Bastille Day Anti-Quiz: Answers!

Answers to the daily mini-quizzes published as “From Prairial to Pop Culture: The French Revolution in 2015” (June 12 – July 13, 2015)

  1. June 12. No. 3. “Prairial” is the name of a popular revolt in Paris on May 20, 1795 against the policies of the Thermidorian Convention; widely considered the last popular revolt of the French Revolution begun in 1789.
  2. Jun 13. No. 2. “Those minorities” signifies members of the government, teachers, intellectuals and journalists, according to an angry flyer found nearby the Sorbonne in late May 2015.
  3. June 14. No. 1. Judging from the décor in this ad for Audible books, Le Rouge et le Noir / The Red and the Black by Stendhal would make the most sense.
  4. June 15. No. 2. “Fête Nat” is the name of the character played by Abdoulaye Diop in Coup de torchon (1981).
  5. June 16. No. 4. L’Assignat is the name of a restaurant near the Monnaie de Paris (the Paris Mint).
  6. June 17. No. 3. Le culte théophilanthropique was all the rage in the 1790s, including among statesmen such as La Revellière.
  7. June 18. No. 4. All of the incidents occur in the story “Robespierre et les deux orphelins, ou Histoire secrète des derniers jours de Robespierre.” (No wonder he stayed out of sight for so long!)
  8. June 19. No. 2. Jason Schwartzman, of Moonrise Kingdom, played Louis XVI in Coppola’s film.
  9. June 20. No. 3. “Hoppy” is the equivalent of Messidor.
  10. June 21.

No. 1. “We do not comprehend why Camille Desmoulins, who was so openly protected by Robespierre, is crushed in the triumph of this dictator,” are the last words of A Place of Greater Safety by Hilary Mantel.

No. 2. ” But I do not. I do not,” are the last words of Revolution by Jennifer Donnelly.

No. 3. “Surely, before the expiration of half a century, since the return of Louis, France will congratulate herself on another restoration,” states Anthony Trollope at the end of La Vendée.

No. 4  “It is a far, far better thing that I do, than I have ever done; it is a far, far better rest that I go to, than I have ever known,” are the final words of A Tale of Two Cities by Charles Dickens.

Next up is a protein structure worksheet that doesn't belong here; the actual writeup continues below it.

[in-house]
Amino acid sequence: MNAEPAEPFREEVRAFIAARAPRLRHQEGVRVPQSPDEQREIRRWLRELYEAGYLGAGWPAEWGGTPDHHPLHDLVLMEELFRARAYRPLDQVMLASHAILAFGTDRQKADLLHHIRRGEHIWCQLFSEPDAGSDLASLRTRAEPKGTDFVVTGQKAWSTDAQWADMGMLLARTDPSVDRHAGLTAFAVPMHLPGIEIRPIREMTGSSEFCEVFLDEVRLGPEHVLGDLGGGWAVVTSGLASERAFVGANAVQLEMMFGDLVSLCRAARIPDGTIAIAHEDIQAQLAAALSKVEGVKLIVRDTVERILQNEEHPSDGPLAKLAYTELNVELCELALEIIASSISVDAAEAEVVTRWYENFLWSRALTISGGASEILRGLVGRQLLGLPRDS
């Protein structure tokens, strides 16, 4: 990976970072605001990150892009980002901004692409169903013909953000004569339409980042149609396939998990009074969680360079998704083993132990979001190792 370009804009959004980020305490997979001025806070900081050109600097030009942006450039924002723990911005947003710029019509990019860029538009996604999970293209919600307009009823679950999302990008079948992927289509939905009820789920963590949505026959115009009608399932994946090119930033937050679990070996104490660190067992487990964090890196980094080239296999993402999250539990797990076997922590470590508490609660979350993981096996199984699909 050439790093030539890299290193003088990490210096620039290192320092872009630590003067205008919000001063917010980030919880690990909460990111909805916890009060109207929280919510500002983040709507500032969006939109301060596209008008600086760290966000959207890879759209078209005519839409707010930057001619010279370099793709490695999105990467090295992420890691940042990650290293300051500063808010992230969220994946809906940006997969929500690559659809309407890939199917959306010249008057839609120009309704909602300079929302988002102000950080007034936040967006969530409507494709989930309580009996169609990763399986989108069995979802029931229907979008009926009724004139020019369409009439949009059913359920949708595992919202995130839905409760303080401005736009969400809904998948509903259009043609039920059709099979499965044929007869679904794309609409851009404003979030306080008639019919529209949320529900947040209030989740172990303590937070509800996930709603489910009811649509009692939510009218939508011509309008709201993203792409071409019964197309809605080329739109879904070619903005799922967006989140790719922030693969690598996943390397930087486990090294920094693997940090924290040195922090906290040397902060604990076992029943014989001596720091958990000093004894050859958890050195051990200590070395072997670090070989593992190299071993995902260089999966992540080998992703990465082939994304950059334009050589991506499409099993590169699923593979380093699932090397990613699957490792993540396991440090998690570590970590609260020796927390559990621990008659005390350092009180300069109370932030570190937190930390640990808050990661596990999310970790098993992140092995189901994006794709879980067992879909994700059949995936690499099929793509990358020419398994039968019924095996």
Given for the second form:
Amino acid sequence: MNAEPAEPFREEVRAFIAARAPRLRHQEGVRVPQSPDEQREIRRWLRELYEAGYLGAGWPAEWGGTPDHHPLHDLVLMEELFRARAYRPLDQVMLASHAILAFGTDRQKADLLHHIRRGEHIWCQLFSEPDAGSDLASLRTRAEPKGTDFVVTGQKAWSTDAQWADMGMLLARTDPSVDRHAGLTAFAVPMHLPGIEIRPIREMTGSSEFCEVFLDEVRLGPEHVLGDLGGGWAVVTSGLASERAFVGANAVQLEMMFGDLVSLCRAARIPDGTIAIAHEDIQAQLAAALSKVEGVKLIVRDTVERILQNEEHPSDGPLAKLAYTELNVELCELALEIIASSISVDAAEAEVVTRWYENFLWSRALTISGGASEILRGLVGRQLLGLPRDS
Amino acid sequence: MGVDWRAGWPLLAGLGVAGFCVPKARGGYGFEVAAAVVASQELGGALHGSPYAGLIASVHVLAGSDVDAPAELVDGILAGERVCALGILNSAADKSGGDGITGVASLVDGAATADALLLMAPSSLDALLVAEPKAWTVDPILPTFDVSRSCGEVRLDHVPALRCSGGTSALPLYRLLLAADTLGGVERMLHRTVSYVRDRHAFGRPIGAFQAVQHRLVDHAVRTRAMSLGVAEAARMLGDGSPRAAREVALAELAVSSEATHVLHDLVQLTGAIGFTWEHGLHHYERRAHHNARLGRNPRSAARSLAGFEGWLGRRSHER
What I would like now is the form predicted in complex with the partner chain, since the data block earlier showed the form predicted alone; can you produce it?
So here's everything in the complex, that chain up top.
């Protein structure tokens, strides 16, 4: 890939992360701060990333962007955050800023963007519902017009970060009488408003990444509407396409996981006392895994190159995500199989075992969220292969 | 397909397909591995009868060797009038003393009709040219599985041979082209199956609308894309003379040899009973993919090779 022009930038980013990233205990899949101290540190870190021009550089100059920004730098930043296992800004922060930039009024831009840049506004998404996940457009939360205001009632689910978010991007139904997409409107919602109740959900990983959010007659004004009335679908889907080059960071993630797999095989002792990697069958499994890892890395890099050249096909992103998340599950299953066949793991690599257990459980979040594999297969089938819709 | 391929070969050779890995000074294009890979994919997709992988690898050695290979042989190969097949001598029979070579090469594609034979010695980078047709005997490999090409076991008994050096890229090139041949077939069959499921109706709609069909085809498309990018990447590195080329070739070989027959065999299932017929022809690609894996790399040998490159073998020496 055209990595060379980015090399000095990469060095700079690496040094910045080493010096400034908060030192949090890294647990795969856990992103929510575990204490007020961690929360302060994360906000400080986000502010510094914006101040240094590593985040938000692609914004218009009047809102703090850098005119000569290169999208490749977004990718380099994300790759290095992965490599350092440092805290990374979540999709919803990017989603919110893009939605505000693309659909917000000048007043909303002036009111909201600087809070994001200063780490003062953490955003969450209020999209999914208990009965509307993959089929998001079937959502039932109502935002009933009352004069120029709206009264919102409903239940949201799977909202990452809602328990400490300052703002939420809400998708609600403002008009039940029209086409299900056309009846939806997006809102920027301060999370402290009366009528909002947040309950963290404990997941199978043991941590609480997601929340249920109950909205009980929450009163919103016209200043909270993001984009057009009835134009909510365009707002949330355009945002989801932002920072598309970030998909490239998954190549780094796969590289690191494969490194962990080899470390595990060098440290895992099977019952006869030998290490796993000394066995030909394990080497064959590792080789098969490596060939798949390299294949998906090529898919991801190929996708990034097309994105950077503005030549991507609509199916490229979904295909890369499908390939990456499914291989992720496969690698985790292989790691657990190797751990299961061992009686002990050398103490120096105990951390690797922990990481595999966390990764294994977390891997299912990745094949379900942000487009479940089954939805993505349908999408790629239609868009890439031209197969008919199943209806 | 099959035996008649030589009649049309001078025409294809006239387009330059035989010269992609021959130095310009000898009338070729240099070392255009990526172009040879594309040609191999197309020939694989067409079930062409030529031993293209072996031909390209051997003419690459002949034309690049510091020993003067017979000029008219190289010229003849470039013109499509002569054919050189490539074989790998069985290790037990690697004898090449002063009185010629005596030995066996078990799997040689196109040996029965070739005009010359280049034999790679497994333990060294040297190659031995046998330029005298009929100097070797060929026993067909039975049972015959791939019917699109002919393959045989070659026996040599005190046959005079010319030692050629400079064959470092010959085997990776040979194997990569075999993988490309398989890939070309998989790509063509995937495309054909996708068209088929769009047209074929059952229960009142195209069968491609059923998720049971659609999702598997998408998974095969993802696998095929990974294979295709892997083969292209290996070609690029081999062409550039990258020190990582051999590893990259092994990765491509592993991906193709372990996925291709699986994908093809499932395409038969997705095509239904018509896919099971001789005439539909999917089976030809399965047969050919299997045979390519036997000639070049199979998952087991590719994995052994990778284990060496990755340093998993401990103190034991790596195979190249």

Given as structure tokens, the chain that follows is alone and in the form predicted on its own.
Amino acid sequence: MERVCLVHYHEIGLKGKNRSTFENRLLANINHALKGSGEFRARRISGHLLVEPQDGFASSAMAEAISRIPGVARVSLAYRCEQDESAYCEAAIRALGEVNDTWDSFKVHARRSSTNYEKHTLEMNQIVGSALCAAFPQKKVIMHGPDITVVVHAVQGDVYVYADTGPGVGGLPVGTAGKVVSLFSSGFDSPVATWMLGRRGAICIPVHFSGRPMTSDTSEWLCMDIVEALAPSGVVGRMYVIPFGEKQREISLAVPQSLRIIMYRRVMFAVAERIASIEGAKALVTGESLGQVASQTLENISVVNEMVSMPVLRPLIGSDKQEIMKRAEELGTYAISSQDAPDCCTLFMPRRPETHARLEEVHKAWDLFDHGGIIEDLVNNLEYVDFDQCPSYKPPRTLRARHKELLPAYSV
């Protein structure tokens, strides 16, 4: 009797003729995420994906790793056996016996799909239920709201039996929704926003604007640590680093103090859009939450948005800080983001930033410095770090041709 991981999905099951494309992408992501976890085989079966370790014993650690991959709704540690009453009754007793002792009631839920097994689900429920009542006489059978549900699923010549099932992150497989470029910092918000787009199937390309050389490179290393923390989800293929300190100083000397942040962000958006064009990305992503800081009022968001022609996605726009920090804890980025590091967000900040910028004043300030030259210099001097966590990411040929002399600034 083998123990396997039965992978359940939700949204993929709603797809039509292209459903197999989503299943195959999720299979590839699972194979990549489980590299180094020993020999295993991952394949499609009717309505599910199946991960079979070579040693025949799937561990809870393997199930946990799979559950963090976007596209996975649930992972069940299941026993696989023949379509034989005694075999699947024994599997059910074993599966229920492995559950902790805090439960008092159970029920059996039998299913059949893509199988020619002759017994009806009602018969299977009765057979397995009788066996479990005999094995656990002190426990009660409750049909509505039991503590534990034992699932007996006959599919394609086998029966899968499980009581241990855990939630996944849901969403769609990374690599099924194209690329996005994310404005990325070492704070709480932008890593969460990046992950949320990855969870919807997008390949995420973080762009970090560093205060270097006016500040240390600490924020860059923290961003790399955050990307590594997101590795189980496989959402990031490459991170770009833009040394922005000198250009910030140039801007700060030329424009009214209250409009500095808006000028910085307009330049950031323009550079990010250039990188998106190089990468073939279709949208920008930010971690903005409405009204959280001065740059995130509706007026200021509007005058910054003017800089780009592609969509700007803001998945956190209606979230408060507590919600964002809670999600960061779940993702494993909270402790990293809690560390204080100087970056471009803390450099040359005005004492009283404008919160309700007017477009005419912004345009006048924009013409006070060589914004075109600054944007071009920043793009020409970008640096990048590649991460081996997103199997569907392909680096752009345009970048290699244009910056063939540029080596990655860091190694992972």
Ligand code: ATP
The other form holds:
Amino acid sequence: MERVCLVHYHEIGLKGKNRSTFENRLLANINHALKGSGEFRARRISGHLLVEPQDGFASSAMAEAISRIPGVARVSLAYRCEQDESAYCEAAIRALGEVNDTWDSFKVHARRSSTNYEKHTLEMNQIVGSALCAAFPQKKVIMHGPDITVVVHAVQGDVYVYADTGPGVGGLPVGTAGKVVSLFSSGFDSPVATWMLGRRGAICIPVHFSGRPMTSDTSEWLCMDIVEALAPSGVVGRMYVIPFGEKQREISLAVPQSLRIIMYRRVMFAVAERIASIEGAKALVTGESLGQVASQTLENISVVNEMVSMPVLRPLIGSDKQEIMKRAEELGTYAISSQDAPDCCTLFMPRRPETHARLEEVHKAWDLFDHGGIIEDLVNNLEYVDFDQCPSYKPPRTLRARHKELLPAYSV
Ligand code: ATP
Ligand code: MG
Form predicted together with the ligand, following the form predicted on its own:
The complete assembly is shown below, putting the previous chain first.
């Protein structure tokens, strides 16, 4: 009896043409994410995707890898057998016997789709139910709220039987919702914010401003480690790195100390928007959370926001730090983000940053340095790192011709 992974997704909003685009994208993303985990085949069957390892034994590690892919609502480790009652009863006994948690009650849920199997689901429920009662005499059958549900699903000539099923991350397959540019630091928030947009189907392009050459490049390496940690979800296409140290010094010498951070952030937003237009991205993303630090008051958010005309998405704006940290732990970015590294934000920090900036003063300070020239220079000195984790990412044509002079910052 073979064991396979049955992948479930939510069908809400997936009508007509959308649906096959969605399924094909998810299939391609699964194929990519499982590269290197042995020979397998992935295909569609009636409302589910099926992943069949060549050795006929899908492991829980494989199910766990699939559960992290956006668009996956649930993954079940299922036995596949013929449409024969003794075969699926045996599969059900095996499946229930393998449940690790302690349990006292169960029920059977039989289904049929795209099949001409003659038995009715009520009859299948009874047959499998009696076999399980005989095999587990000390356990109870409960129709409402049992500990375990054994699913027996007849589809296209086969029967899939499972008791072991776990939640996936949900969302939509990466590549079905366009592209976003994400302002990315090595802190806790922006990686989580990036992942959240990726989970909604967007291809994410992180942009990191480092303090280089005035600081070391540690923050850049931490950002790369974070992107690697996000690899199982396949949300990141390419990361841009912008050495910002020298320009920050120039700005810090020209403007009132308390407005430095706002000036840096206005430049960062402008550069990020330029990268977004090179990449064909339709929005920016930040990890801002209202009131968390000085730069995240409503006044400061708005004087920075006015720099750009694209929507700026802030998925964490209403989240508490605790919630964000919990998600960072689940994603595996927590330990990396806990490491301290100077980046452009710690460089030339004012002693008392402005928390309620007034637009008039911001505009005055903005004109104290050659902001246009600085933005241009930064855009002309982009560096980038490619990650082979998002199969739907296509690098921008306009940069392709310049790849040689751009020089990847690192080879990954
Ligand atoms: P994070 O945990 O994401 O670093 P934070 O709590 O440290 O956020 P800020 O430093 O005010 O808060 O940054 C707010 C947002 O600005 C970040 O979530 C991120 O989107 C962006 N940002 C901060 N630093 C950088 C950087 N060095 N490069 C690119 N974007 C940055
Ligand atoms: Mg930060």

1. Jun 22

No. 1. “‘Remember me, but forget my fate'” echoes Patrice Higonnet at the end of Goodness beyond Virtue.

No. 2. “But that, as they say, is another story,” are the last words in Marisa Linton’s Choosing Terror.

No. 3. “The French Revolution ended with the triumph of Hobbes over Rousseau,” notes Howard Brown in closing Ending the French Revolution.

No. 4. “Old and strong forces were woken by the Revolution, they began to know themselves in a new way, and they changed the world,” announces James Livesey at the end of Making Democracy in the French Revolution.

  1. June 23. No. 1. Jean-Jacques Rousseau is the author of the shocking quote, “Pectore si fratris gladium,” in his Discours sur l’origine et des fondements de l’inégalité parmi les hommes (1755).
  2. June 24. No. 1. The Constitution de l’An I / Year One was adopted today in 1793.
  3. June 25. No. 3. Françoise de Graffigny is the innovative author of the best-selling Lettres d’une Péruvienne (1747), where you’ll find that interesting early usage of classe to denote economics, not taxonomies.
  4. June 26. No. 4. The Conciergerie prison remains almost as ghoulish as in Marie-Antoinette’s day. You can easily imagine the large river rats scurrying down the halls.
  5. June 27: No. 4. Louis-Antoine de Saint-Just declared that happiness was a “new idea” in March 1794. Thanks to Laurent Loty from bringing this to light in his excellent article, « Des Lumières à la Révolution : le bonheur en Constitution », Les Cahiers de l’Observatoire du Bonheur, 2, numéro spécial « Bonheur et petits bonheurs » dirigé par Michèle Gally, 2011, pp. 12-15. You can also read his article on this blog, posted on September 24, 2011.
  6. June 28: 3. Abbé Barruel, author of Memoirs Illustrating the History of Jacobinism full of virulent charges of conspiracy: he claims the Revolution was the result of a long-term plot hatched by philosophes, freemasons, Illuminati, anarchists, and économistes. Notre Dame own three titles by Barruel, including the five-volume Mémoires pour servir à l’histoire du jacobinisme (1798-99); and the 1798 English translation in four volumes. It sounds like a lot, but that is a small fraction of his output.